World Baseball Classic: Most intriguing player on all 20 teams, from Shohei Ohtani to KBO star Jung-ho Lee
The 2023 World Baseball Classic – the first WBC in six years thanks to the pandemic – gloriously looms. This most recent model of the global tournament features an expanded field of 20 teams, from the defending champs (United States) to powerhouse lineups like the Dominican Republic to the pitching-dominant Team Japan to longshot entrants like Great Britain and the Czech Republic.
Not surprisingly, star power abounds within these rosters, as do compelling individual stories. Speaking of which, we’re here, as part of our WBC scene-setting, to declare from on high the single most intriguing player on each of the 20 participating teams. This is necessarily a subjective exercise, and as always (silent, private) objections from loyal URL-clickers are welcome.
Shall we proceed in naming the most intriguing player on each of the 2023 WBC rosters? It seems we shall.
Australia: Aaron Whitefield, OF
Whitefield, 26, is currently with the Angels, and he’s had two cups of coffee in MLB in recent years. Most notably, Whitefield has piled up 180 stolen bases across parts of seven minor-league seasons in the U.S. Back in his native Australia, he’s a two-time MVP of the Australian Baseball League, and early this spring he was in Angels major-league camp on an NRI.
Canada: Freddie Freeman, 1B
The Canadian team has a proud WBC history when it comes to first basemen (Justin Morneau is the WBC all-time doubles leader, and of course there’s Joey Votto). Freeman becomes the latest. As he proved last season in his first campaign with the Dodgers, he’s still elite at the plate, and he’ll be the fulcrum in Canada’s lineup. Runner-up? That would be board-certified Interest Cat John Axford, who’ll turn 40 not long after the tournament ends.
China: Ray Chang, SS
The 39-year-old stalwart infielder is veteran of multiple WBCs. Although born and raised in Kansas City, Chang has Team China eligibility because his parents were born in Hong Kong and Shanghai. Chang spent parts of 12 seasons in the affiliated minor leagues and logged 275 games played at the Triple-A level. He was very likely headed for a call-up to the majors as a member of the Twins organization in 2011, but a broken leg suffered at Triple-A the night before said likely call-up snuffed out those dreams. Since 2017, Chang has been retired from playing and has since helmed baseball operations for MLB China. Now, though, Chang is dusting off the spikes for one final WBC.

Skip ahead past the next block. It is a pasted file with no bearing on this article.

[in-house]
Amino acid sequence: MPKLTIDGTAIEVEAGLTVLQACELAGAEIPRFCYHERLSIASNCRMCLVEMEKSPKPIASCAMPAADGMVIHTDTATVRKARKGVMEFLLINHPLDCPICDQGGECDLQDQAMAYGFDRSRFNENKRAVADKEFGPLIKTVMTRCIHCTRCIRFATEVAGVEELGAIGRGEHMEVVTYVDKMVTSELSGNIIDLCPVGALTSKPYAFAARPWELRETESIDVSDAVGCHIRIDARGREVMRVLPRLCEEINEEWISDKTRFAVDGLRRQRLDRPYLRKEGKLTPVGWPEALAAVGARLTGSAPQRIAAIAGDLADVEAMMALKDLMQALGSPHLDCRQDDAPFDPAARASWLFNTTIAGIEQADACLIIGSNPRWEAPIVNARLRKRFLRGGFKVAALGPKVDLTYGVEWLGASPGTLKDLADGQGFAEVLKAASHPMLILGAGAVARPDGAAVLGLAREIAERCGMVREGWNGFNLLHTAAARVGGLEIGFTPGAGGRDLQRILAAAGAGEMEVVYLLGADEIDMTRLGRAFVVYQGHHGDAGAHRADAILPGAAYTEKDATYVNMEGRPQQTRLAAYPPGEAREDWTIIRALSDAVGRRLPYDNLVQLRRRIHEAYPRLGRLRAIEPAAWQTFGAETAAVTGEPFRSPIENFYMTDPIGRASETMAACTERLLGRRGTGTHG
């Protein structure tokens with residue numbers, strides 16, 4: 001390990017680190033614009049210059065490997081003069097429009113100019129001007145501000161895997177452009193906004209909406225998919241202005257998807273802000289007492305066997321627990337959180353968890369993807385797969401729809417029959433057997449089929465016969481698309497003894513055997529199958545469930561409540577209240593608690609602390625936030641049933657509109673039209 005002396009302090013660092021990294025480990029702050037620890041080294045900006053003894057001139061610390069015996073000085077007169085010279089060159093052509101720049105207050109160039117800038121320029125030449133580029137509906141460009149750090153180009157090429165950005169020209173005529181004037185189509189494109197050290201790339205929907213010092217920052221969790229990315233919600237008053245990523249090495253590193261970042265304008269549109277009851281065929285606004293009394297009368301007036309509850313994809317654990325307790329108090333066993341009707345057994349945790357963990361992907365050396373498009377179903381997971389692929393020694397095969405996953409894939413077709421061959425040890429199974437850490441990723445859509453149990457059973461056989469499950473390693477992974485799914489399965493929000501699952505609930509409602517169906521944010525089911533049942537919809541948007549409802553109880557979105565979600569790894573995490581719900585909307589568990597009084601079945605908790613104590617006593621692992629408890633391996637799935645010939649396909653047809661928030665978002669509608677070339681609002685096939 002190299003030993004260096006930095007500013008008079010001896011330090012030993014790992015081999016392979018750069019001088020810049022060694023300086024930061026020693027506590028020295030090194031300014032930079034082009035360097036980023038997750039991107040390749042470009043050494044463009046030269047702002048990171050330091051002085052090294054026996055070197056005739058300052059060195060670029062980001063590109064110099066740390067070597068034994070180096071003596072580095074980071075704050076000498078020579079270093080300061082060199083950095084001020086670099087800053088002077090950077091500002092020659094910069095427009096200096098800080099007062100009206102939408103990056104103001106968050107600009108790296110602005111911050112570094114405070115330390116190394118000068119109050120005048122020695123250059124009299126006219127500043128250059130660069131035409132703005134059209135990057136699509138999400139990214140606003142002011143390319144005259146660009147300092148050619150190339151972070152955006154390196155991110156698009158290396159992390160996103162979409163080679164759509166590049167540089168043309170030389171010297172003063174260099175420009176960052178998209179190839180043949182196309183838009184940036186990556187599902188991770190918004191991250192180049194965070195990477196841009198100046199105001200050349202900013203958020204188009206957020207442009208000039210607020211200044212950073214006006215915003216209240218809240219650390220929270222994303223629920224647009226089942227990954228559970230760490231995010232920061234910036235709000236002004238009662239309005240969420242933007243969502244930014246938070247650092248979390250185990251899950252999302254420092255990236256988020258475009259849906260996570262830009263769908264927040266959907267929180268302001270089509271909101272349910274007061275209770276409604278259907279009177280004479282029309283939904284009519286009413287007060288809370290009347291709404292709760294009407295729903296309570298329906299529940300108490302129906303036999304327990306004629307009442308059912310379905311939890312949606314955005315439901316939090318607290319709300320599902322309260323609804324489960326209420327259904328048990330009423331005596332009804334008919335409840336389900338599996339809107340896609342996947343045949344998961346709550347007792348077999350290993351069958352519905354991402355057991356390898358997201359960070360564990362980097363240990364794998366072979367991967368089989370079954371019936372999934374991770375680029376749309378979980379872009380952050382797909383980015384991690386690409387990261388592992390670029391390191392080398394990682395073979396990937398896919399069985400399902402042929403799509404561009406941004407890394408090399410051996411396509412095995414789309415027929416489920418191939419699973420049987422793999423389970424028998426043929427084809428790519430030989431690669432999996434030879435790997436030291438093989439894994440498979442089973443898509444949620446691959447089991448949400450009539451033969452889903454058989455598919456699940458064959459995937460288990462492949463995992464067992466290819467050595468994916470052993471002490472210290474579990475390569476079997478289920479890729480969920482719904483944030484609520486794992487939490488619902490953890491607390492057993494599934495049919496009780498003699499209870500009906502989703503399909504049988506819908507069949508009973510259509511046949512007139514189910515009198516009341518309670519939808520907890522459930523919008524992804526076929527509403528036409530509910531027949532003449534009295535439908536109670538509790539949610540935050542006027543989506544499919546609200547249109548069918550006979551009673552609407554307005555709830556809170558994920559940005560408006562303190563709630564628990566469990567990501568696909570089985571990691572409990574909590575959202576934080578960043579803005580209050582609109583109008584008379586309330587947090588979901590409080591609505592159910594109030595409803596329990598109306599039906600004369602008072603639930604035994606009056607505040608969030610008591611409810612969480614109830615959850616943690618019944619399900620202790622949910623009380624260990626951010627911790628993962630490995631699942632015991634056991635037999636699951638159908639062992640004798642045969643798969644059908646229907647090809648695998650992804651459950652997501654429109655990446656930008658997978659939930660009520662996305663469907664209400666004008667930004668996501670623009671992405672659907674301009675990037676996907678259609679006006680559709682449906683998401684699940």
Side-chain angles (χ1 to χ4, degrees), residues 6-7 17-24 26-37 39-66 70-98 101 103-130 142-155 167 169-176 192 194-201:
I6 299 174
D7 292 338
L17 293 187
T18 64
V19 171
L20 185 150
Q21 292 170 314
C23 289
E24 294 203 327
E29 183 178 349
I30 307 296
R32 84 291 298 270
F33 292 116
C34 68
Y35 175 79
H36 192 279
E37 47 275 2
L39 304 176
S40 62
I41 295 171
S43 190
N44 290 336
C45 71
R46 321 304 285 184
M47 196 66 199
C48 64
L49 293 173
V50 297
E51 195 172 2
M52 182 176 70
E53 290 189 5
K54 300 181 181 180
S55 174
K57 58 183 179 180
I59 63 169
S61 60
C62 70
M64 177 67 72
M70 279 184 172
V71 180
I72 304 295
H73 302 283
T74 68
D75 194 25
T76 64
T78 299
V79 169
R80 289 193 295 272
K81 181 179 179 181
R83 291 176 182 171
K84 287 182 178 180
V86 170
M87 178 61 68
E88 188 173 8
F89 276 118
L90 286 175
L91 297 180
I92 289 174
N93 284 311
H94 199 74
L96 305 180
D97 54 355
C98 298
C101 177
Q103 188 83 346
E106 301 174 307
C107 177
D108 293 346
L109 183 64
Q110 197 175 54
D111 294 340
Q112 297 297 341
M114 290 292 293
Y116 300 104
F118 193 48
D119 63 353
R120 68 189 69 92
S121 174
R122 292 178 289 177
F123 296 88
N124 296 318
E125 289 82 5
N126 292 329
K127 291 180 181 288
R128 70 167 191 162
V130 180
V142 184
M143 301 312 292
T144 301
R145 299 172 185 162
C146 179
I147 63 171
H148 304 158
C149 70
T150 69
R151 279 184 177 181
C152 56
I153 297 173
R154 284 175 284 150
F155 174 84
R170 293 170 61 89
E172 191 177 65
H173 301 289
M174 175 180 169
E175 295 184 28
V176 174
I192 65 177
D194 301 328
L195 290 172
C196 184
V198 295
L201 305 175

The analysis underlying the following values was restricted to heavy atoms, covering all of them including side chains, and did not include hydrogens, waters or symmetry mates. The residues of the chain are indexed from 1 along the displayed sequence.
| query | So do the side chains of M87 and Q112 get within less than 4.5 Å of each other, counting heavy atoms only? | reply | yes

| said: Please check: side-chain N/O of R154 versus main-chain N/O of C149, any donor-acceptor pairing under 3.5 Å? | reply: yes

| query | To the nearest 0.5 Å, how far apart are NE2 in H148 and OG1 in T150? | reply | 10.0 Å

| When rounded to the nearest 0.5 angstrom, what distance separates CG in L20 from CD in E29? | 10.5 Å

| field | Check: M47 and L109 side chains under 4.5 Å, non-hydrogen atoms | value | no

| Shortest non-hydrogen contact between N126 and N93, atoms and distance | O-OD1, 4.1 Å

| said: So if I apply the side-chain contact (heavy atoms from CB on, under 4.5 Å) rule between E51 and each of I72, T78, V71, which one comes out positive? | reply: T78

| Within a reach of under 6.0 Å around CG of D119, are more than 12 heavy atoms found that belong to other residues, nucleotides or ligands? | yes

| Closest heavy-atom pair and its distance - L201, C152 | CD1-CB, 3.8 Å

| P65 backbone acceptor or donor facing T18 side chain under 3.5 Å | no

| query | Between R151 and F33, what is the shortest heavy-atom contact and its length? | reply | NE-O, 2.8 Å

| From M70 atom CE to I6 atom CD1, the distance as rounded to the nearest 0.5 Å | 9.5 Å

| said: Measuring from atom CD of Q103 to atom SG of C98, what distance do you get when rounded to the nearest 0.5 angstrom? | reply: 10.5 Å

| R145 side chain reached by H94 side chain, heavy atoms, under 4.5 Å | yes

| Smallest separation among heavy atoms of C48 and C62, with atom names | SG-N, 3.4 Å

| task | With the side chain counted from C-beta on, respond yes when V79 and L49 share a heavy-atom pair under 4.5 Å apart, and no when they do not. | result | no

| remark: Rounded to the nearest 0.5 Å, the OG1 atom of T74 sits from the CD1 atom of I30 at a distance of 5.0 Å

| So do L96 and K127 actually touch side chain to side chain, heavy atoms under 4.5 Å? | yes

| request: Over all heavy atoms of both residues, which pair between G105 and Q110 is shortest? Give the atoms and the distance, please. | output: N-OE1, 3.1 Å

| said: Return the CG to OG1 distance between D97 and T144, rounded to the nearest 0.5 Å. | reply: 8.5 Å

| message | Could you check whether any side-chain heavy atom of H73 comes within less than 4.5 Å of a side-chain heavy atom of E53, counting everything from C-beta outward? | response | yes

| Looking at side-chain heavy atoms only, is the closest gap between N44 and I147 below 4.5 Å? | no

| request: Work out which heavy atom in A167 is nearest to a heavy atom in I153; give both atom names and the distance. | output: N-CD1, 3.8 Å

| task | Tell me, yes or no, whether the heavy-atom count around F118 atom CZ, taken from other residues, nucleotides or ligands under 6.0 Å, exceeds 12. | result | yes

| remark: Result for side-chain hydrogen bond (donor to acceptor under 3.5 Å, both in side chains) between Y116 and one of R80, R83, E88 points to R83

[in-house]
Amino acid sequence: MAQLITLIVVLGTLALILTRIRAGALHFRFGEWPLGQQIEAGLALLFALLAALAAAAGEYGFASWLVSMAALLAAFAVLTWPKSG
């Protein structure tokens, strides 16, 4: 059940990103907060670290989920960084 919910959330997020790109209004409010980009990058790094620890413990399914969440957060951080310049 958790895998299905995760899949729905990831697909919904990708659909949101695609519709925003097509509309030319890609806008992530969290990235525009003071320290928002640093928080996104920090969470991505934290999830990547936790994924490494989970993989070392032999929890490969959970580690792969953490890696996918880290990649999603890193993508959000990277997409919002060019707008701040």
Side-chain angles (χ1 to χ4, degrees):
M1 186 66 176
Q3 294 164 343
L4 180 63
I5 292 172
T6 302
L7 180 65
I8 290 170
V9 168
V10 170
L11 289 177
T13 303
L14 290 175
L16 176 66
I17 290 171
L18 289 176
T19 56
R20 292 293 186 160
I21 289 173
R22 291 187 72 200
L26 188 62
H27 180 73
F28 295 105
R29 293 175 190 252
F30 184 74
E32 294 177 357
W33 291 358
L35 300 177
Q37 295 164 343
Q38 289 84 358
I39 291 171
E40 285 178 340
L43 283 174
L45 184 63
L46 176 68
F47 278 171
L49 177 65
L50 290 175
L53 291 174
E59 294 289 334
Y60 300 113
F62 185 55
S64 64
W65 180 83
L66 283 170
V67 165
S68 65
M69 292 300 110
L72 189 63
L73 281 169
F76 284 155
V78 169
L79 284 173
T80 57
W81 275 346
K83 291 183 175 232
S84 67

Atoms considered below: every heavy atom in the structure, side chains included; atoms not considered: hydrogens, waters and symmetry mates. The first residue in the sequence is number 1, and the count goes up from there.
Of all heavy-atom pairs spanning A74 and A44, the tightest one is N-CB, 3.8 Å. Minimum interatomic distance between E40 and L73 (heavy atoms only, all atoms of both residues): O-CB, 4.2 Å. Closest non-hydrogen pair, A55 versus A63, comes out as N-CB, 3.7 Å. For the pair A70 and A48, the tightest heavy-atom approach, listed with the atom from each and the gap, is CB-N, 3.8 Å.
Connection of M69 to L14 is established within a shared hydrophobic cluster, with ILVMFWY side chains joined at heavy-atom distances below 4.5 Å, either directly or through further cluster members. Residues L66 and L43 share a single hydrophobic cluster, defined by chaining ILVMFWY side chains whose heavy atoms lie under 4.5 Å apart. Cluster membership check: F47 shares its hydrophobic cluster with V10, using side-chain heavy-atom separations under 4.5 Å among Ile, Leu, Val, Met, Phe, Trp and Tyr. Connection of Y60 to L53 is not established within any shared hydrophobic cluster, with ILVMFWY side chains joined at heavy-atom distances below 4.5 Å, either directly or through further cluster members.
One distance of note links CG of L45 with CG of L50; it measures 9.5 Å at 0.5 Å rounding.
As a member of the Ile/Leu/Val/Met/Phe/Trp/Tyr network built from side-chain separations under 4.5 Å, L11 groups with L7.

Colombia: Gio Urshela, INF
Opinions will vary, but it says here that Urshela is the best player on Colombia’s WBC roster. He combines defensive flexbiliity and fielding value with above-average plate production, and since his breakout season of 2019, he boasts an OPS+ of 119 at the plate. Adding to Urshela’s appeal this season is that he’ll be a key complementary piece for the Angels as they attempt to reach the playoffs in what may Mike Trout’s and Shohei Ohtani’s final run together as teammates.
Cuba: Luis Robert, OF
The 26-year-old Robert, despite injury concerns, remains one of the most exciting five-tool players around. For the White Sox, he’s been a standout defensive center fielder, and he’s put together a career .289/.334/.474 slash line despite dealing with the kind of injuries and maladies that can sap production even when he’s not on the injured list. He’s in the “superstar if healthy” bucket of current MLB players, and he could shine in the WBC for the erstwhile baseball powerhouse Cuba.
Czech Republic: Martin Červenka, C
The Czech team is without question the cinderella entrant in the 2023 WBC, and the closest thing they have to a quasi-star is Červenka. Now 30, the Prague native in recent years has reached the Triple-A level with with the Orioles’ and Mets’ organizations. As MLB’s Michael Clair notes, Červenka now works in sales. Related content:
Dominican Republic: Julio Rodríguez, OF
The Dominican Republic roster is positively larded with stars, even after the loss of Vladimir Guerrero Jr. That means there are multiple contenders for this honor. That said, we’ll go with Rodríguez, who as a 21-year-old rookie last season put together a deeply campaign that would look at home on the back of Mookie Betts’ baseball card. Throw in the million-watt smile and his zeal for the game, and Rodríguez is already one of the brightest stars in the game.
Great Britain: Harry Ford, C
The Brits are a first-time entrant in the WBC this time around, and this 20-year-old catching prospect might be their top talent. Ford, whose parents are from the U.K., topped our expert R.J. Anderson’s list of the top Seattle Mariners prospects for 2023. The former No. 12 overall pick in his first pro season flashed excellent on-base skills and promising fielding chops behind the plate.
Israel: Joc Pederson, OF
Long a useful player, Pederson enjoyed one of his most productive seasons in 2022, and his elite quality-of-contact indicators suggest he can keep it going for the near- to mid-term. He’s pretty easily Team Israel’s most accomplished and most notable player this time around. Does it make Pederson more intriguing that he once got his Chiclets rattled by Tommy Pham because of fantasy football rules minutia? Just asking questions.
Italy: Sal Frelick, OF